Best laid plans…we all have them, we all make them. But do you know anyone whose plans ALWAYS go as originally intended? I certainly don’t! It’s always good to have a Plan B prior to going to college; but if you don’t, read these bits of advice from EducationQuest staff members in case your first year of college doesn’t go as you expect.
Create a Budget
“I wish I would have paid more attention to personal money management.” Victor Garcia, Bilingual College Planning Specialist
- “Intramural activities are a great way to meet new people.
- Even if you have class during lunch hour or dinner time, there is always a snack location where you can get a meal before or after class.
- Student services can be a great start to getting the help you need.
- Arranging your classes for Tuesday and Thursday gives you more freedom for the weekend.
- Learn what organizations are there to assist first-generation students.
- Ask if there is a multicultural center if you are a minority; this is a great place to meet new people with similar backgrounds.” Juan Rodriguez, College Access Specialist
Ask for Assistance
“Before going to college, I wish I had more experience driving in a big city. Imagine learning how to drive in a community that doesn’t have stoplights or stop-signs on the main street…now imagine heading off to college in a city you barely know, with interstates and multiple lanes of traffic (and no GPS at that time)! I’m thankful for the new friends who helped me adapt to city driving and traffic. Don’t be afraid of a new environment and pushing yourself…just ask for help!” Joan Jurek, Director of College Planning
“I wish I would have known how important it is to become involved on campus. Joining groups such as a sorority, health sciences club, or student government (just to name a few) help you to meet so many new people and provides you with opportunities that you don’t normally get by staying in your comfort zone!” Jacquie Butler, Senior College Planning Specialist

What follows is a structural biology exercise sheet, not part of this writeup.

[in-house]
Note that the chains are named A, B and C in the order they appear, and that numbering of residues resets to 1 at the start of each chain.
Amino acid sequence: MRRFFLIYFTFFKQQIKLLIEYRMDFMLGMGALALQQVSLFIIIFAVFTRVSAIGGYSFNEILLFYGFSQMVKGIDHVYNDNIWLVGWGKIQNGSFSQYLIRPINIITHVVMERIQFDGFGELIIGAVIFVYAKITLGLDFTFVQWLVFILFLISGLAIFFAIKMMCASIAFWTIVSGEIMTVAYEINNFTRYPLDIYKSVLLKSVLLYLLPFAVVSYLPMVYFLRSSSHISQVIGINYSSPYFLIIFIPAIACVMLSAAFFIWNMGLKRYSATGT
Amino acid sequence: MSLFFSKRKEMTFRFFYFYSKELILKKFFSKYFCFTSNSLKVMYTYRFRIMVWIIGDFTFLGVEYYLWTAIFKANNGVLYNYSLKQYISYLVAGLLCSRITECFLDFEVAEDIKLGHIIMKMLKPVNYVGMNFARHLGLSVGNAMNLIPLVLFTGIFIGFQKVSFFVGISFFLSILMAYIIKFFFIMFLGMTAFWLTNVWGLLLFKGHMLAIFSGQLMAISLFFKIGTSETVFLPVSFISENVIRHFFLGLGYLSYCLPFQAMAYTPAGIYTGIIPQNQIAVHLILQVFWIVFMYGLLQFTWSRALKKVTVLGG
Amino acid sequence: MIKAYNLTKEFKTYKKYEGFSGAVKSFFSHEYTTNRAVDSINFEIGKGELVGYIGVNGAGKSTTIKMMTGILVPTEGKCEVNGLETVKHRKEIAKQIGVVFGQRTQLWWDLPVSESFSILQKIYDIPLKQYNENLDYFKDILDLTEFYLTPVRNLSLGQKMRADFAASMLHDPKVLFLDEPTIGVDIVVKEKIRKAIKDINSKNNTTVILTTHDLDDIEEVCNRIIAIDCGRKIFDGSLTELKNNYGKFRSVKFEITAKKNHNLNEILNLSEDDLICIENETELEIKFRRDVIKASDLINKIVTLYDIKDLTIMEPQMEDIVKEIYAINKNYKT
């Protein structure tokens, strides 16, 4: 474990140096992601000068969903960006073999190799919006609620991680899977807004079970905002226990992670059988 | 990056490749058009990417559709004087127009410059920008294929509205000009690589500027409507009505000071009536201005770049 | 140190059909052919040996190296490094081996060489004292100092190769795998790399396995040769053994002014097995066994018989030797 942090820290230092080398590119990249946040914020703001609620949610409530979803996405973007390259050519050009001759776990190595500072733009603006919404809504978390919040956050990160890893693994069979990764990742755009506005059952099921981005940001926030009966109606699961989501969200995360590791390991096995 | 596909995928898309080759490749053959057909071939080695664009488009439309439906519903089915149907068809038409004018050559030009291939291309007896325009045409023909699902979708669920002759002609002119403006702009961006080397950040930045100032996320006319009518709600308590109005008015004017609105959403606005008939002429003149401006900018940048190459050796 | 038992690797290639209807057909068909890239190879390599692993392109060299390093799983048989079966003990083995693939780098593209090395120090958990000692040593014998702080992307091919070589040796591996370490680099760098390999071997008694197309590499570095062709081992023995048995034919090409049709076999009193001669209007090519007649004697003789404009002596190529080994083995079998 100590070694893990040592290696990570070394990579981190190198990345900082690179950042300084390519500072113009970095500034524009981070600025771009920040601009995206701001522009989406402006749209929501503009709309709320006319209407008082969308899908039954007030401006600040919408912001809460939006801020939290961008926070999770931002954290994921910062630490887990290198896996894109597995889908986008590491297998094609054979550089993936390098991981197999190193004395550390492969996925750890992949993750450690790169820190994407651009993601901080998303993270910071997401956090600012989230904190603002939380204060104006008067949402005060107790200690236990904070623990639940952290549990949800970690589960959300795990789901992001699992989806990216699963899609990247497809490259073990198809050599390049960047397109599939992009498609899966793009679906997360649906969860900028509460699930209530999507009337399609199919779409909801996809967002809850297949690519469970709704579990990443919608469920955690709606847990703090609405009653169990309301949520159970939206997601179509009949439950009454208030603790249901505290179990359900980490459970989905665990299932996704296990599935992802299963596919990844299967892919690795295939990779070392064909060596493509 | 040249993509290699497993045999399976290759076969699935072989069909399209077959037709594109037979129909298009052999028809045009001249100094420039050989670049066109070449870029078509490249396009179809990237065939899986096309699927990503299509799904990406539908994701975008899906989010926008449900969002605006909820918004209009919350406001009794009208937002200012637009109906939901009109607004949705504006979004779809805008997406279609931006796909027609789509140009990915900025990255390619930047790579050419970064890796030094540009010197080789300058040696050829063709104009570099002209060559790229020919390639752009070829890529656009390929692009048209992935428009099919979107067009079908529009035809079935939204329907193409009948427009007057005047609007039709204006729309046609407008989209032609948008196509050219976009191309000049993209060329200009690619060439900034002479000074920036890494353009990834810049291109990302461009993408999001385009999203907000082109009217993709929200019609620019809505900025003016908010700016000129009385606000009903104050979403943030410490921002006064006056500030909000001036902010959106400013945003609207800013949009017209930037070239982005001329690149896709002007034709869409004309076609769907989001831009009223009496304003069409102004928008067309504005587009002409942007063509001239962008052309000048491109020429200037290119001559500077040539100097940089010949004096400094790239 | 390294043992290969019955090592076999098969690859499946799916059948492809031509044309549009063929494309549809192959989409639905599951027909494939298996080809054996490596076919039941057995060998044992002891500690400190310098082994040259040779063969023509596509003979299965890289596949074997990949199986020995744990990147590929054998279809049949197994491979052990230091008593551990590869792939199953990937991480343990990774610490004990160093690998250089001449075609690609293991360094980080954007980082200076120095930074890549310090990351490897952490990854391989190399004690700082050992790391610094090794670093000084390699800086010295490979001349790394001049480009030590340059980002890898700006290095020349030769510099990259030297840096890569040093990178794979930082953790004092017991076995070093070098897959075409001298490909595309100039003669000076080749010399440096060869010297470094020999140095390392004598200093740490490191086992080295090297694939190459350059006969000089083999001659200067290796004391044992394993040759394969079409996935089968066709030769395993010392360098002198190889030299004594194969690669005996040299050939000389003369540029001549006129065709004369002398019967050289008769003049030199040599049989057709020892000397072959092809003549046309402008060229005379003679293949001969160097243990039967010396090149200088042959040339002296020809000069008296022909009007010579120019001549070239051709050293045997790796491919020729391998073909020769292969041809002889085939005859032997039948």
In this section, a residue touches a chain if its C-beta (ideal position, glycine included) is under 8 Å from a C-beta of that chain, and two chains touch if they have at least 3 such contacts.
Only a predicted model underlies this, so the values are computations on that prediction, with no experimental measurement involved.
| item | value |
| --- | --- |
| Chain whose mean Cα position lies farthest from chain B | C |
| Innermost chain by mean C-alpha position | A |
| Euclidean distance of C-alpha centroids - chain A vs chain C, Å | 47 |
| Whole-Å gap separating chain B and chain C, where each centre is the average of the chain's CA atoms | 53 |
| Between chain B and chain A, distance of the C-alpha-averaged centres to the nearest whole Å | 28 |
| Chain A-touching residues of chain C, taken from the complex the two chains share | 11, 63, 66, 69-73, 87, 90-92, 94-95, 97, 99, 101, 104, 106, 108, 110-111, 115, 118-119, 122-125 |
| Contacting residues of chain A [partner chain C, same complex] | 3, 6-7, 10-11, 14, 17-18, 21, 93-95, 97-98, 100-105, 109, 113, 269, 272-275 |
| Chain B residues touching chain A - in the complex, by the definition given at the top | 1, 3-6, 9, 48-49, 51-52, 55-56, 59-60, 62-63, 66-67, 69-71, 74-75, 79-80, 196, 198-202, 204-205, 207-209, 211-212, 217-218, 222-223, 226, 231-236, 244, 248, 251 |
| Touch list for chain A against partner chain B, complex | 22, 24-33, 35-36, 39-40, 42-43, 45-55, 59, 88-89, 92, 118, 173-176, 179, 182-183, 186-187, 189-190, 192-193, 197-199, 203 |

“I wish I had known just how important it was to get involved on campus right away. My freshman and sophomore years were pretty lonely and tough. By junior year, I found my tribe because I was forced to get involved in the student newspaper and radio station because of credit requirements for my major. It was the best thing that could have happened. The amazing people I met during that time are lifelong friends. I just wish I had met them even sooner!” Regan Anson, Assistant Vice President – Communications & Media Relations
Ease Into the First Year
“I wish I would’ve known that 8 AM classes in college are NOT THE SAME as 8 AM classes in high school! Avoid 8 AM at all costs!
I also wish I would’ve known that loading up on credit hours your first year is a bad idea. Especially when taking mostly non-major required courses; those hours really add up!” Sydney Burdick, Content Creation Specialist
Be Your Own Advocate
“I wish I would’ve known to advocate for myself. I wouldn’t talk to my professors if I was having a hard time understanding. I wouldn’t talk to financial aid when I had issues with scholarships or loans. This is also crucial if a student has any kind of physical or educational disability. You must advocate for yourself if you want to be successful.” Andrew Hunzeker, Outreach Services Manager
Manage Your Schedule
- “The open time on your daily calendar, when you don’t have class, is not time for napping. It’s time for studying, and working on projects or activities you’re involved in.
- Living in a sorority can take a big campus down to a smaller group of potentially life-long friends.
- If you work during college, don’t let it impact your studies or your social life. There needs to be time for all of that – 20 hours a week max. You have many years of work ahead of you.” Liz Koop, President & CEO
By Lori Caffery